Cooperative Education Services (H.630) - March 12, 2024

The House Education Committee reviewed a bill, H.630, on Tuesday that would allow for cooperative education services to be provided by a group of school districts. These services would be intended to provide the “least restrictive environment” for students that require a “higher level of care.” Most of the students who would receive these services have mental or behavioral issues that are disruptive in the normal school environment. Today many of these students have 1-on-1 para-educators which does not provide the necessary level of therapy and contributes to classroom disruption and high staffing ratios.

The bill allows supervisory unions to create Boards of Cooperative Education Services (BOCES) but caps the statewide number of these at 7.

Representative Brady noted that was as a result of testimony from the Superintendents Association and the regional cooperation exists but are perhaps not distributed in the way they should be. The bill does not require the development of the BOCES follow the existing regional relationships, but there is a hope that they would build upon previous work.

See the current draft of the bill.

Heather Bouchey (Interim Secretary, Agency of Education) joined the Committee and began by saying “We support efforts to achieve scale statewide and to address and increase regional efforts for both educational and workforce issues throughout the state.”

However, she noted that this would add “another structure in a tiny state” and there are already Memorandums of Understanding that Supervisory Unions can enter into with one another.

Brady was sympathetic, saying that the “new fiscal issues” seem to be best addressed by “more consolidated and operated at scale system that is voluntary” but with some incentives. Chairman Conlon followed by saying that there may be districts that don’t have the need for a full-time facilities manager (as an example) and this model allows for some regionalization.

Anne Bordonaro (Interim Deputy Secretary, Agency of Education) joined the conversation, arguing that the draft bill is pretty broad. She wondered whether the BOCES model would attempt to take on title programs (Federal titles) and what authority would be transferred over to a BOCES to achieve compliance here. She noted that BOCES in NY handle Career and Technical Education Centers. They are looking at these questions internally at the Agency of Education (AOE) Federal Programs Division. It is perhaps not spelled in the bill but is not restricted.

This introduces issues around designation of Local Education Agency (LEA) which the AOE is responsible for. If BOCES start seeking federal funding as a pass-through then it creates a conflict with the existing practice of designating the school district as the LEA.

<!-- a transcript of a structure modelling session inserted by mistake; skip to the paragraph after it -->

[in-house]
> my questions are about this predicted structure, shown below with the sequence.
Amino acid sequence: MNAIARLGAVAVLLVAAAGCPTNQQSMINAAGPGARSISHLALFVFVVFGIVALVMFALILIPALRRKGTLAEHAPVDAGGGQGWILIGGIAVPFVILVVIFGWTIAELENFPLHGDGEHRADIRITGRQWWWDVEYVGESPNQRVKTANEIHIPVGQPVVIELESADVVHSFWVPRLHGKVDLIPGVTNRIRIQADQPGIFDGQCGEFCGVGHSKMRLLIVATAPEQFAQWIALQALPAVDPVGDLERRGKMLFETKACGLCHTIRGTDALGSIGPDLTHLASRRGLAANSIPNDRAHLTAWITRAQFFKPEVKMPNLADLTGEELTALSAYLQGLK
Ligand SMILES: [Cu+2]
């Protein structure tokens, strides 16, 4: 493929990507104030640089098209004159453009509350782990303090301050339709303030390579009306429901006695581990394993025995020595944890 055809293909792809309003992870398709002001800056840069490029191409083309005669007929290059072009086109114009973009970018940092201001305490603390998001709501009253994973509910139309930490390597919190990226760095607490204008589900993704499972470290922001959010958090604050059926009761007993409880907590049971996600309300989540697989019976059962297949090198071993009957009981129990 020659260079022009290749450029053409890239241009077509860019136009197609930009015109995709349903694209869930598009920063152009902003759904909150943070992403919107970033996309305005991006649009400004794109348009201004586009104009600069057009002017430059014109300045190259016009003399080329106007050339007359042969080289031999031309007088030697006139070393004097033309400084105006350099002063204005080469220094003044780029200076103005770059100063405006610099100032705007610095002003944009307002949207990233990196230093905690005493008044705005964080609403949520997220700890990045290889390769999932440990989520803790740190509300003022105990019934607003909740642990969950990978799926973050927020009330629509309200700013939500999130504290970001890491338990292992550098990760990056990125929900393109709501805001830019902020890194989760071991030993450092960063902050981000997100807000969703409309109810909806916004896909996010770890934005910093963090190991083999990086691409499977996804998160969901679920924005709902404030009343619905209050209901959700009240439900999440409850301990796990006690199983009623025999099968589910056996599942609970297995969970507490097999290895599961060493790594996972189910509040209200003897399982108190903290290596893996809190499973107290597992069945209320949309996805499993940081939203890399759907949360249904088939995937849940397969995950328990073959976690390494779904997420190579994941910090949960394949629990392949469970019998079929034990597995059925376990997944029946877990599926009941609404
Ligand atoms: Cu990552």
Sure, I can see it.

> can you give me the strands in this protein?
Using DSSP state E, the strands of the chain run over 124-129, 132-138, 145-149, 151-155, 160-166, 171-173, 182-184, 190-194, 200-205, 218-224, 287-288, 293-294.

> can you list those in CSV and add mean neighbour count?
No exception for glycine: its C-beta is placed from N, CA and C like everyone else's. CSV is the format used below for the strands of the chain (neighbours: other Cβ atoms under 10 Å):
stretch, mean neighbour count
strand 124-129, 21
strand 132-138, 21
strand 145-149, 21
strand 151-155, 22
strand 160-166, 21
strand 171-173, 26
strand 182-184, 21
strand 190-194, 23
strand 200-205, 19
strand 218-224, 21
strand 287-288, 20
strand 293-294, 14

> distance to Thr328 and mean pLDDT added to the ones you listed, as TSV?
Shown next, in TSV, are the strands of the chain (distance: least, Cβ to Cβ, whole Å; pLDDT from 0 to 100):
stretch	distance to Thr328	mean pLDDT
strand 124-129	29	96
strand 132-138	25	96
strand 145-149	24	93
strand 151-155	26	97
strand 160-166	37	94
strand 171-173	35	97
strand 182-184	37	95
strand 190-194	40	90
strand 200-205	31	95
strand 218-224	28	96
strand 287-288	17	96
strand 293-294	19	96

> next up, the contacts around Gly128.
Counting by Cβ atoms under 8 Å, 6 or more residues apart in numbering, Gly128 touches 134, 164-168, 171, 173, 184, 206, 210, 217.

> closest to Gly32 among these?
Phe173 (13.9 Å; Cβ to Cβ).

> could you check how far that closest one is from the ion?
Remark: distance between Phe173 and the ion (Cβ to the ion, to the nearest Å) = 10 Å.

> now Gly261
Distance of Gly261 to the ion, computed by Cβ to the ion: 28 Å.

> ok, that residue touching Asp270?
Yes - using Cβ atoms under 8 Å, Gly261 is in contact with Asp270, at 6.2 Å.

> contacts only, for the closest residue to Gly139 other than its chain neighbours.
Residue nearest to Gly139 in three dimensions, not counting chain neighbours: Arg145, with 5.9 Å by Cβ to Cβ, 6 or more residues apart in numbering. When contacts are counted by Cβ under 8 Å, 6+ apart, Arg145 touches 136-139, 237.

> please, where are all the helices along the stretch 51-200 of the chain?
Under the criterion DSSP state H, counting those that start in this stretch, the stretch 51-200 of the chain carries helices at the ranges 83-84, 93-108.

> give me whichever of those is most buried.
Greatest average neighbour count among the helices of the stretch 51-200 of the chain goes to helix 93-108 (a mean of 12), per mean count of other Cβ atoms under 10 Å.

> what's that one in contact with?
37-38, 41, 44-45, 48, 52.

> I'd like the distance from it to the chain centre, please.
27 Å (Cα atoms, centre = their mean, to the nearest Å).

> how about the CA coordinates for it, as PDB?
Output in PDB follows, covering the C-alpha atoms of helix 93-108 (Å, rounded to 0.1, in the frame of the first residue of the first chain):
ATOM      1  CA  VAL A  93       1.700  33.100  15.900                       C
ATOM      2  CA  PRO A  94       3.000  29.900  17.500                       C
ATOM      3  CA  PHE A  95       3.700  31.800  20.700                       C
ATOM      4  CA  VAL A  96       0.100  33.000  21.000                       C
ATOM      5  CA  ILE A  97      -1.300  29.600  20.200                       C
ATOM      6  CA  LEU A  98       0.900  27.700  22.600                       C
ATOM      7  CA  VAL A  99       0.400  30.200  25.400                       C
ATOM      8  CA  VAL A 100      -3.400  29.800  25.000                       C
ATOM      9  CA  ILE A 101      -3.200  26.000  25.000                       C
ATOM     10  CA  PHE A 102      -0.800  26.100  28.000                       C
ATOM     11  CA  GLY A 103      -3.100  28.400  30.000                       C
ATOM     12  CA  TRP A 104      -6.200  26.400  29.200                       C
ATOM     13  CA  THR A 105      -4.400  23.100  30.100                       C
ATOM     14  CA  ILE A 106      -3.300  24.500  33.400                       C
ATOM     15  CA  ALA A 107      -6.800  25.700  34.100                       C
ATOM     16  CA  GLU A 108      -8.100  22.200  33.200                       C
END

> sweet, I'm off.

They offered to provide some guardrail language to make it clear who would receive LEA designations and how that would be determined.

The questions around duplication of administrative structures still persisted. Conlon felt that these could be worked out in the Articles of Agreement that create the BOCES. Representative Williams asked why these boards would not just be a resource the district calls up for connections to resources, and not a decision-making operation?
Conlon comment that “who knows what they will evolve into… but suppose a BOCES decides to hire a staffer who offers skills at application for Federal grants. The question is who directs the work of that person and what tasks they undertake?”

NOTE: This does sound a lot like a new administrative structure. A better approach may be to consolidate supervisory unions from the existing 52 into something that better reflects Vermont’s scale. Thus we would be reducing administrative overhead and gaining efficiencies of scale.

Bouchey jumped in saying that “from the AOE perspective more latitude is concerning to us because it can place the AOE in some really tricky spots… who supposed to get the money?” Perhaps even will affect the data systems they maintain. They may even need additional staffing at AOE to oversee the BOCES as they evolve.

Conlon pointed to the guardrail language AOE offered and suggested they pursue that.


The House Education Committee came back to H.630 later in the day on Tuesday with Representative Brady expressing frustration with the Agency of Education (AOE) for coming forward “so late” with concerns about the bill. Chairman Conlon felt the AOE language may be unneeded at least as far as directing conflicts between parties (Local Education Agencies and Boards of Cooperative Education Services) with regards competitive grant applications. Legislative Council has sent some questions back out AOE to seek clarity and they will postpone their Vote until later today pending response. They felt they would find language that addresses the concerns of the Superintendents Association and also sets up clarity for AOE designate alternate LEAs for Federal title funds. 

The final language settled on was version 9.1 of the draft bill, which passed the next day on a vote of 11-0-1.

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